But see, looking that things from a historical viewpoint, this is to be expected. Widely disparate theocratic groups will join together to oust what they perceive as an outside force. In this case, the Godless Liberals, who they believe support Socialism and Atheism and Evolution and Science and Abortion and Homosexuals.

    Once the theocratic groups gain power they will then turn on themselves in a feeding frenzy of fanaticism, they will burn down the world around them on a purging pyre of purity. First they unite, agree to get along. Then they gain power by appealing to people's religious devotion. Once they have gained and secured power, they then turn on each other.

    This is just what zealots do. The ancient Christians persecuted the Manichean Gnostic sects under the Emperor Theodosius I in AD 382 (he later declared Christianity to be the only legitimate religion of the Roman Empire in 392) only half a century after the First Council of Nicaea brought a wide array of Christians to the same table for the first time. Sunni and Shia today may unite to battle outsiders, but will begin slaughtering each other as soon as the opportunity arises.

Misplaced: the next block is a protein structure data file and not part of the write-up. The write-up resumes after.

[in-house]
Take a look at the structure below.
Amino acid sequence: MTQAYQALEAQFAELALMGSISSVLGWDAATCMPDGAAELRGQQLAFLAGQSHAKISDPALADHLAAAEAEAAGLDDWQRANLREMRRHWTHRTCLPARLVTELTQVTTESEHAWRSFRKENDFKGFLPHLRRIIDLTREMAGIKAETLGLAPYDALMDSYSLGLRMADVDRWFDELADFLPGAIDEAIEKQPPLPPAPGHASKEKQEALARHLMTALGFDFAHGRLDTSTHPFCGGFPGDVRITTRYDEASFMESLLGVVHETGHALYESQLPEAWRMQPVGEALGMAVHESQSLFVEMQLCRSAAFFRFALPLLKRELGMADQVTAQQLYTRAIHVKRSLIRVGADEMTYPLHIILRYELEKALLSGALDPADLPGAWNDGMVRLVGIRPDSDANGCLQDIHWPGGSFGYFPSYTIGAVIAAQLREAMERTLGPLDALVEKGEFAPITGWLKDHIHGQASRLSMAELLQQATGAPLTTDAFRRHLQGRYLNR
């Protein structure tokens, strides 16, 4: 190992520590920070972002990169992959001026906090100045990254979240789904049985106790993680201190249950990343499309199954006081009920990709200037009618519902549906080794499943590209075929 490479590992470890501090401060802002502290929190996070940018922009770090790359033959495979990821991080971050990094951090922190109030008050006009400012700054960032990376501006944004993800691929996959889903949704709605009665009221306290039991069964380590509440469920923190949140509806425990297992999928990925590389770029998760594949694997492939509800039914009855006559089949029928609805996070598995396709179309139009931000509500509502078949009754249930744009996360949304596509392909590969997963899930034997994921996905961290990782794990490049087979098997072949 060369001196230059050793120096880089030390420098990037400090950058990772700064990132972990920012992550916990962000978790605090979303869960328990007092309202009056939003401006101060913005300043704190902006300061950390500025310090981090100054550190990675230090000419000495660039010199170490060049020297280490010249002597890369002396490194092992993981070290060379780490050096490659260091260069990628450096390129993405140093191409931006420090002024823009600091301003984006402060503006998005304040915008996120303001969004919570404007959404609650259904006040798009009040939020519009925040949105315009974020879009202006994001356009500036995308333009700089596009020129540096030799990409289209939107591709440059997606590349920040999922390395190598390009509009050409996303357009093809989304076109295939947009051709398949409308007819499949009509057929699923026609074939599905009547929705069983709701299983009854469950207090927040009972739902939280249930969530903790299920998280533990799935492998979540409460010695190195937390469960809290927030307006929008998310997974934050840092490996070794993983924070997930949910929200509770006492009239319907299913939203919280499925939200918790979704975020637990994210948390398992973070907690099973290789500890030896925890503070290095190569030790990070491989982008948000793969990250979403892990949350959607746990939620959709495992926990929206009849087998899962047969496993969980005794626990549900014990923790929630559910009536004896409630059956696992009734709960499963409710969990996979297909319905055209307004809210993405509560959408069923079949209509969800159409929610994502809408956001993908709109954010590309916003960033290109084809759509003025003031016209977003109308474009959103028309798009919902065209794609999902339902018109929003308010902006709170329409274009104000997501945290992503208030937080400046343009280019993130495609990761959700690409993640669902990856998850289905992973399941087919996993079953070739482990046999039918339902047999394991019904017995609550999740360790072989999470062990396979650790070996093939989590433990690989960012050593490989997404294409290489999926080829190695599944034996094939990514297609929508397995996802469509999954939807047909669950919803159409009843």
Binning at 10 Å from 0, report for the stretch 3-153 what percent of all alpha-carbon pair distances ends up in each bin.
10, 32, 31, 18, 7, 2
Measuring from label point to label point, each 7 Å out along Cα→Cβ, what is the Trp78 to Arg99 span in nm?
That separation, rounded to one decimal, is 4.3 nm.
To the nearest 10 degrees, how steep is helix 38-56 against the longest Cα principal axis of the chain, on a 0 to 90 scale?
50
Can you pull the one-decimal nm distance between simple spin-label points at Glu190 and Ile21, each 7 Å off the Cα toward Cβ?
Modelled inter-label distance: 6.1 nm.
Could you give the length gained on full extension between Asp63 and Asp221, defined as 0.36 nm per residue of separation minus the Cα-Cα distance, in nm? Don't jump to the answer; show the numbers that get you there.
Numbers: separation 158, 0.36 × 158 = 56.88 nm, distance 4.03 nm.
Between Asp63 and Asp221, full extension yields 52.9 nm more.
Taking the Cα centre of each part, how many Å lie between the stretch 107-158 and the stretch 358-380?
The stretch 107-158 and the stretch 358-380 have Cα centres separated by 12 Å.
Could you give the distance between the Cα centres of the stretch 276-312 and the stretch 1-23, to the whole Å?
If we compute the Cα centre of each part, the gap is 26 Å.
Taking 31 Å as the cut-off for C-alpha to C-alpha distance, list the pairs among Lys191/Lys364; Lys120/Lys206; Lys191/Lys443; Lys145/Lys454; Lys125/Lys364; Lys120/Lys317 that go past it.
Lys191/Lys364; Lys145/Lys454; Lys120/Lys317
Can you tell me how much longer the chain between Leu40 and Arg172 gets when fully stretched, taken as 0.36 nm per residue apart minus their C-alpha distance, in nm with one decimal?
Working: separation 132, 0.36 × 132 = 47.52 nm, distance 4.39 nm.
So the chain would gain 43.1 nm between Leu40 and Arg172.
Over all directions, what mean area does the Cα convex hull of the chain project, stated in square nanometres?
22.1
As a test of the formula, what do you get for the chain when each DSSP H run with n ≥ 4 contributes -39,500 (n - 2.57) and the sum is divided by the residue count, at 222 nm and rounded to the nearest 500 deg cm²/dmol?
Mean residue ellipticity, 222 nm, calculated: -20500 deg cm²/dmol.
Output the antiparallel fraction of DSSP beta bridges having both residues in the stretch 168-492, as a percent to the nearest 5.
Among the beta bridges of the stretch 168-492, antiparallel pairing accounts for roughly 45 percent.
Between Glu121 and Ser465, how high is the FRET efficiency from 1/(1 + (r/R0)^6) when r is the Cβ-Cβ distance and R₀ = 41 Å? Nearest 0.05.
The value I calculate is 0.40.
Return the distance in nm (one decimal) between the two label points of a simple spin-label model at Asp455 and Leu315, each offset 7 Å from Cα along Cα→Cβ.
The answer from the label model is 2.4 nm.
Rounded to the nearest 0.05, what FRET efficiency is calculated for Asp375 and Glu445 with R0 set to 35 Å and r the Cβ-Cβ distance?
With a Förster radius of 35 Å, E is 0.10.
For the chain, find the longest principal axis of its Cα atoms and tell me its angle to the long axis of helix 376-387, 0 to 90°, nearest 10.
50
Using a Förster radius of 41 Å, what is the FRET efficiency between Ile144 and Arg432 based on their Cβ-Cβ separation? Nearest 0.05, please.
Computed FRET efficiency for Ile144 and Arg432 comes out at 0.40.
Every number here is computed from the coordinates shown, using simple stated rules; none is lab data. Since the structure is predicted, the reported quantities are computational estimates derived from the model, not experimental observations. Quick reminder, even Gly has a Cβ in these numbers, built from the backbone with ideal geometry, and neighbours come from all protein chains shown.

Clichés are often true. Well, we all know what happens to those who forget history.

    This story is called The Rise of Theocracy, and it's a classic. People have been telling it over and over agin for thousands of years. We all know how it ends. Only this time, the theocrats (if they gain control) will have the modern American military at their service. Not sickly, half-trained crusaders who are near death from a year long march to Jerusalem.

    Cheery thought.

  • SteveT on August 31, 2012 12:23 PM:

    Evangelicals, Catholics and Mormons --

    fighting side-by-side to persecute heretics in the name of religious "freedom".

  • mb on August 31, 2012 12:25 PM:

    RE: "self-professed evangelical"

    I think what Huck is getting at here is that if you listen to Obama's personal testimony of faith it is down the line, word for word, what evangelicals believe about salvation. I don't think Huck was meaning to suggest that Obama has self-IDed as an evangelical, rather that he has given a bullet-proof testimony of faith that any evangelical should accept as proof of the legitimacy of his Christianity.